Avastin Slows Colon Cancer Growth
An anticancer drug that starves tumors of a blood supply can help delay progression in patients with advanced colon cancer.
WebMD News Archive
Jan. 23, 2007 (Orlando) -- An anticancer drug that starves tumors of a blood
supply can help delay progression in patients with advanced colon cancer.
In a study of more than 1,400 patients, those who took the drug Avastin in
addition to standard chemotherapy remained alive without worsening of their
disease about one-and-one-half months longer than those with chemotherapy
alone, says researcher Leonard B. Saltz, MD, a member of the Gastrointestinal
Oncology Service at Memorial Sloan-Kettering Cancer Center in New York
While an extra month or two might not sound like much, the tens of thousands
of people whose colon cancer has started to spread throughout their body face a
fairly bleak outlook.
In the study, those given standard chemotherapy alone remained
progression-free for an average of only eight months.
In contrast, cancer didn’t progress for nearly nine-and-a-half months when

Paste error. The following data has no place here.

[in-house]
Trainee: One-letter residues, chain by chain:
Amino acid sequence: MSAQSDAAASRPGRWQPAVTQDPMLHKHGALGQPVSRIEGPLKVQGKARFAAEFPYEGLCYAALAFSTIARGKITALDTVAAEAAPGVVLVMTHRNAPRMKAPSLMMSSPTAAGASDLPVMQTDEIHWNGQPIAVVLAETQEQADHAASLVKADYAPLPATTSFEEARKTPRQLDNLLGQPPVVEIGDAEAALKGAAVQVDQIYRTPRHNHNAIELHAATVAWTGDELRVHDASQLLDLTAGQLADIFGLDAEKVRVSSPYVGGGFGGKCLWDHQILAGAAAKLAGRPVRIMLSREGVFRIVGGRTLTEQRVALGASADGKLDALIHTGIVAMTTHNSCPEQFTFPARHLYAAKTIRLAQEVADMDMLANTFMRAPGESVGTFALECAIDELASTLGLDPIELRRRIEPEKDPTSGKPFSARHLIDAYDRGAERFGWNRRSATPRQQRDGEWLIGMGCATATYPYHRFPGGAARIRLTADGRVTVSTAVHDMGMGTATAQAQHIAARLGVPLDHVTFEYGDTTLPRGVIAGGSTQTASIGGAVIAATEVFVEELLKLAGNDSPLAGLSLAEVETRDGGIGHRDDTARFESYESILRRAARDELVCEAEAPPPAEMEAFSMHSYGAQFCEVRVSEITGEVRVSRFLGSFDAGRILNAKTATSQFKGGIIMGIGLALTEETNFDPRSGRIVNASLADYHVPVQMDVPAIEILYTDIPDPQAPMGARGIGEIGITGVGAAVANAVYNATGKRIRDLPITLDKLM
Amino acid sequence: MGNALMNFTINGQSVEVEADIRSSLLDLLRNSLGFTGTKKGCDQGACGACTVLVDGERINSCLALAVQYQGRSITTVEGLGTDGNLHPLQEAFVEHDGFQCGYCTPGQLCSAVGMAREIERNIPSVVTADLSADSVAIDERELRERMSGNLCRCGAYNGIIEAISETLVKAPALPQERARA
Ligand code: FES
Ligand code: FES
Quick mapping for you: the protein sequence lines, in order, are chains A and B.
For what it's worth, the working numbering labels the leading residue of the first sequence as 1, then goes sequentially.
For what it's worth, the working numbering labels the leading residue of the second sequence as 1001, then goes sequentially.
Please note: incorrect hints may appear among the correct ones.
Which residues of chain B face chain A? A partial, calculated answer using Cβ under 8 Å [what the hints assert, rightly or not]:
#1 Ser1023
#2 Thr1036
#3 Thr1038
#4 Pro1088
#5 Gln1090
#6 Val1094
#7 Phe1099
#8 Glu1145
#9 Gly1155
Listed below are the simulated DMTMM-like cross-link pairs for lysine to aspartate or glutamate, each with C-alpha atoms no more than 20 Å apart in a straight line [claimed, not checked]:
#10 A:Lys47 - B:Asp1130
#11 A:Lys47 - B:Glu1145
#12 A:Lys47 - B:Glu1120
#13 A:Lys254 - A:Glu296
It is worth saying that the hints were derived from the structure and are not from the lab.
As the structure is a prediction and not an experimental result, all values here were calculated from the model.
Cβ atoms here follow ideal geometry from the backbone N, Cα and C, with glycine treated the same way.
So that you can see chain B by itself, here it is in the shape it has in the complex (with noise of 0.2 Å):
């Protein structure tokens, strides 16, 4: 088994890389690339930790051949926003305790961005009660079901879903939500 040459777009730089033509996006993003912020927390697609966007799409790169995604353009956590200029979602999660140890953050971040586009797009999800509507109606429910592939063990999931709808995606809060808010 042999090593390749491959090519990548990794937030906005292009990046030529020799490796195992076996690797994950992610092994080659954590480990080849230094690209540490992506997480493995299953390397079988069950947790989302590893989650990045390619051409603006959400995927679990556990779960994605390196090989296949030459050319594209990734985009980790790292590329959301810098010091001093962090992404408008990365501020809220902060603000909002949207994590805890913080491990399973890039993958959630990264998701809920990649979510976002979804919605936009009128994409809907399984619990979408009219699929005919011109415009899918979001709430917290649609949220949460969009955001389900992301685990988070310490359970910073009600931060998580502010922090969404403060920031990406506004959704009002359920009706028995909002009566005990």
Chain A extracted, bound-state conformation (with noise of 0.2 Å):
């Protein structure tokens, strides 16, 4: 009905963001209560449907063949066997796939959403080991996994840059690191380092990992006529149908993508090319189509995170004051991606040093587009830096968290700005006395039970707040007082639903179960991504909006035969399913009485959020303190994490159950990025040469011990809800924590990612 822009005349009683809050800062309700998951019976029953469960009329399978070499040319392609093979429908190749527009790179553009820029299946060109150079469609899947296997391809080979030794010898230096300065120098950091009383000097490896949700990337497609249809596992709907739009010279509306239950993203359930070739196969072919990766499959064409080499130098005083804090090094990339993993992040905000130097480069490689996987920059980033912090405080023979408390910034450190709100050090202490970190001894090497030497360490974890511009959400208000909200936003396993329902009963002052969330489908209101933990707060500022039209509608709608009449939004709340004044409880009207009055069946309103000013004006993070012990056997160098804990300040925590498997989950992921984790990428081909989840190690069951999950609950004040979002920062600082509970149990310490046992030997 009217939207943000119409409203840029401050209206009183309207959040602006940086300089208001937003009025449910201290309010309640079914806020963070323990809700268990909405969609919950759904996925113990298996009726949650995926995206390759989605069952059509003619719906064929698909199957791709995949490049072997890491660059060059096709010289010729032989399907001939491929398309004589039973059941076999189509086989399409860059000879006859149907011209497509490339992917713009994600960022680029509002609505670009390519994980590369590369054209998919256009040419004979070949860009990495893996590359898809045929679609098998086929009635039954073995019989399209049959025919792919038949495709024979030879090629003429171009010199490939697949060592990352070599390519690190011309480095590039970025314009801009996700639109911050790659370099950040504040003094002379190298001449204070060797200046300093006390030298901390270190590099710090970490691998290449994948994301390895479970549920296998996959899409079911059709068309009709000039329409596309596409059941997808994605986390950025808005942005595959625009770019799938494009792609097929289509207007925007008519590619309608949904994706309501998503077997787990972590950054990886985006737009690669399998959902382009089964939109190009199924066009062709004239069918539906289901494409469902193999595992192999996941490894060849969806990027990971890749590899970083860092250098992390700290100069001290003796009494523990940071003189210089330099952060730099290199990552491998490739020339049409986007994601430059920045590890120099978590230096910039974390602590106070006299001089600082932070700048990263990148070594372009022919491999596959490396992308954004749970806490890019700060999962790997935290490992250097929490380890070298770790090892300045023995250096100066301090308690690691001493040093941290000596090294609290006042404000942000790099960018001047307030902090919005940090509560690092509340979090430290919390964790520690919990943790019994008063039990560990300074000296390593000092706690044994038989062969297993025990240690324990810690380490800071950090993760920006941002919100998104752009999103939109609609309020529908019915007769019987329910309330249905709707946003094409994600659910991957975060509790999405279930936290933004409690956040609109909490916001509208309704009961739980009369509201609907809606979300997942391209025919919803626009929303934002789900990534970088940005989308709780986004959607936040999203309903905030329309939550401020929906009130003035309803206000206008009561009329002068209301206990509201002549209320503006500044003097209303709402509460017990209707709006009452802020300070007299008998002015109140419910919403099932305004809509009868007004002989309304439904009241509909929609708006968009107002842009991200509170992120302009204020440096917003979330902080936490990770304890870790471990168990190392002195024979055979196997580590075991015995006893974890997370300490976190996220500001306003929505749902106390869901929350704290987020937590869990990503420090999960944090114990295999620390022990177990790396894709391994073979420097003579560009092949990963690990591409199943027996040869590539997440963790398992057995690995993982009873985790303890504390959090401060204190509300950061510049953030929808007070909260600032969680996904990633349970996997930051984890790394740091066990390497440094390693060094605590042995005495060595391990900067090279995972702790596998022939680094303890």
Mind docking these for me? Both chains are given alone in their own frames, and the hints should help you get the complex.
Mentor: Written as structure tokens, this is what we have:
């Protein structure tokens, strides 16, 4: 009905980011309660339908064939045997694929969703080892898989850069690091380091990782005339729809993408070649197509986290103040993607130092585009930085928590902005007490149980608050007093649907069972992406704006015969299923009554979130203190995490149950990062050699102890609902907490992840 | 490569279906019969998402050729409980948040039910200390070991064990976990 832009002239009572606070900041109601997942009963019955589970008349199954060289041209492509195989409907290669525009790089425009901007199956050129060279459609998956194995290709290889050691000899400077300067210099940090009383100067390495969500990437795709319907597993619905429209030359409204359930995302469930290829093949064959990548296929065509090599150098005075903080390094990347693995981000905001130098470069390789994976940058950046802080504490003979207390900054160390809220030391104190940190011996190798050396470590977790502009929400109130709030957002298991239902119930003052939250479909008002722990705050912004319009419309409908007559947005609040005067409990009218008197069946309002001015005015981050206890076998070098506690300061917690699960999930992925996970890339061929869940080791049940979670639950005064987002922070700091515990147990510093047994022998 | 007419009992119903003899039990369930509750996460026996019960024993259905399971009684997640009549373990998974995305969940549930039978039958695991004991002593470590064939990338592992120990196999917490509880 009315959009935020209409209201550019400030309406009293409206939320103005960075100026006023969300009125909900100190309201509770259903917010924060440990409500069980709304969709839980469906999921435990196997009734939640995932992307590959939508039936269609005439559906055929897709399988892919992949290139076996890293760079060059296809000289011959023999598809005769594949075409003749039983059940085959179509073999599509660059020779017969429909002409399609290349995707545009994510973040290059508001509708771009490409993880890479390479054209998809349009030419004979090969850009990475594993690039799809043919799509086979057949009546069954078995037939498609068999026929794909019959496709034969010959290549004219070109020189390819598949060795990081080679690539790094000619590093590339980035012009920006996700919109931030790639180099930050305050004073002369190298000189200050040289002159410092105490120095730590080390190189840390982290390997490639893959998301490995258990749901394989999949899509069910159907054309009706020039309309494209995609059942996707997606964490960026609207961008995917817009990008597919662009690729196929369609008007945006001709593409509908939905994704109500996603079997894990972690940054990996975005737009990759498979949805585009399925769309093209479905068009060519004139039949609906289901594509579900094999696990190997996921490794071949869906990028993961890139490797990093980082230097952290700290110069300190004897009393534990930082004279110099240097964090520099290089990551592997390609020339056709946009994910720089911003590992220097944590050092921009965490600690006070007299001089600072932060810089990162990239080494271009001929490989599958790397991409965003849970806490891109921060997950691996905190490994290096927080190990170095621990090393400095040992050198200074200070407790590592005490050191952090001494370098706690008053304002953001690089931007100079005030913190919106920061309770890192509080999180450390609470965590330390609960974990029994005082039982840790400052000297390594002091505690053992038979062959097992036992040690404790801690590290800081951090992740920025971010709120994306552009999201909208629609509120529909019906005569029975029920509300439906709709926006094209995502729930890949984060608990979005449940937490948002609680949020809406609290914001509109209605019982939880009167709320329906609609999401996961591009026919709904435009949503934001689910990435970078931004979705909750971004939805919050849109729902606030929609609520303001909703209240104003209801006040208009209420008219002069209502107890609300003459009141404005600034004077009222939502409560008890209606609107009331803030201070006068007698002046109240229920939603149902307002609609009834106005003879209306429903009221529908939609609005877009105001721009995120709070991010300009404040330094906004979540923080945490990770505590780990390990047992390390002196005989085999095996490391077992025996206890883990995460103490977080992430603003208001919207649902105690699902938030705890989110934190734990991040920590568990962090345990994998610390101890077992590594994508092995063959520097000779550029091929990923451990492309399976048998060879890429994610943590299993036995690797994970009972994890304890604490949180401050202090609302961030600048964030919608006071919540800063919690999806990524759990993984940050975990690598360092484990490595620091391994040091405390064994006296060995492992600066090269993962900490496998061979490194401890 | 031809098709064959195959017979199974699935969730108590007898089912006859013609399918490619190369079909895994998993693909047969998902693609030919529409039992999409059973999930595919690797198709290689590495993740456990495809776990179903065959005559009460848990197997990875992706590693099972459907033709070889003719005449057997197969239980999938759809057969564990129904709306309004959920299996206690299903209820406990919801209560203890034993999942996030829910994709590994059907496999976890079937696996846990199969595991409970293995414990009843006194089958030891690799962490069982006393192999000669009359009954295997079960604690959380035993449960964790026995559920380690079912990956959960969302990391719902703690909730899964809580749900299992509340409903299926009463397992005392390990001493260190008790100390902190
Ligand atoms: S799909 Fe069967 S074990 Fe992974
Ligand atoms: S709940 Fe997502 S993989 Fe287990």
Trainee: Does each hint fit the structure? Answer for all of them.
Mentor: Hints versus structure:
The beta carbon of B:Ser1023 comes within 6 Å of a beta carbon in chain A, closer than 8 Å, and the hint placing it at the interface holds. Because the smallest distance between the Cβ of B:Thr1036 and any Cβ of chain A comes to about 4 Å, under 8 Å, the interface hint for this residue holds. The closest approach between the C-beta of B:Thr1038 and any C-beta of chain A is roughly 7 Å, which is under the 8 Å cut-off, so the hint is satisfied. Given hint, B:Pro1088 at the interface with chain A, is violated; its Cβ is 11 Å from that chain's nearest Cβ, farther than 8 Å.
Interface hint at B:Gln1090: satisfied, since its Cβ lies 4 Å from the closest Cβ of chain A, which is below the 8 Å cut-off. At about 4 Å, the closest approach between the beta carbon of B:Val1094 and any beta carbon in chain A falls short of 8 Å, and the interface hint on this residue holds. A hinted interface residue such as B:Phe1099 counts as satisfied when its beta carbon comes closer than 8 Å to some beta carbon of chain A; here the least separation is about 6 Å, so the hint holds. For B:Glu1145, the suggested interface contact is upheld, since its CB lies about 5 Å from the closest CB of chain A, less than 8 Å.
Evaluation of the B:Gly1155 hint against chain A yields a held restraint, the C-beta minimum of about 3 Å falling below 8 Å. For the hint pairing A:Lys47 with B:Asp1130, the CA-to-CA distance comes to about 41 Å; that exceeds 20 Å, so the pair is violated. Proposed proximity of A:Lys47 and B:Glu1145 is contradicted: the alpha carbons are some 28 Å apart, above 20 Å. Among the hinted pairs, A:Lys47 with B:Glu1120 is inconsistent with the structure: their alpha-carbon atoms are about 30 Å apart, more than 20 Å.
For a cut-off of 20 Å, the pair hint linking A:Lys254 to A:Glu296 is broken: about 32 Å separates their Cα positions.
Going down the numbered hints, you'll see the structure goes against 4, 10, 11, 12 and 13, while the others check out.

Avastin was added to the treatment.
“Avastin controls the cancer longer,” Saltz tells WebMD. “It’s a modest
advance, but an advance.”
Neal J. Meropol, MD, director of the Gastrointestinal Cancer Program at Fox
Chase Cancer Center in Philadelphia, says many doctors are already offering the
drug to patients with advanced disease.
“The study validates the use of Avastin as a component of front-line therapy
with [standard] chemotherapy for metastatic colon cancer,” he tells WebMD.
Cancer's Comeback Delayed
The study, one of the largest ever conducted in people with metastatic
colorectal cancer, was presented here at the 2007 Gastrointestinal Cancer
All study participants were given one of two standard chemotherapy
treatments, either Xeloda plus Eloxatin -- or a combination of 5-FU,
leucovorin, and Eloxatin.
Then, half were also given Avastin.
Saltz's group is still analyzing the data to determine whether Avastin
actually extends lives.
He expects to present those findings in June at the annual meeting of the
American Society of Clinical Oncology.
Drug Cuts off Blood Supply
Avastin -- which is also approved to treat advanced lung cancer -- was the
first of a new kind of cancer therapies that work by cutting off the blood to a
This starves the tumor, slowing or even stopping tumor growth in its
Side effects in the study were due primarily to the Eloxatin-based
chemotherapy and included pain, numbness and tingling, lowered resistance to
infection, fatigue, and diarrhea.
While other studies have linked Avastin to an increased risk of potentially
fatal blood clots, there was no difference in the number of people who
developed clots in the Avastin and non-Avastin-groups.
Nevertheless, the drug should be avoided by people with a history of blood
clots and those who have suffered a heart attack or stroke, Saltz says.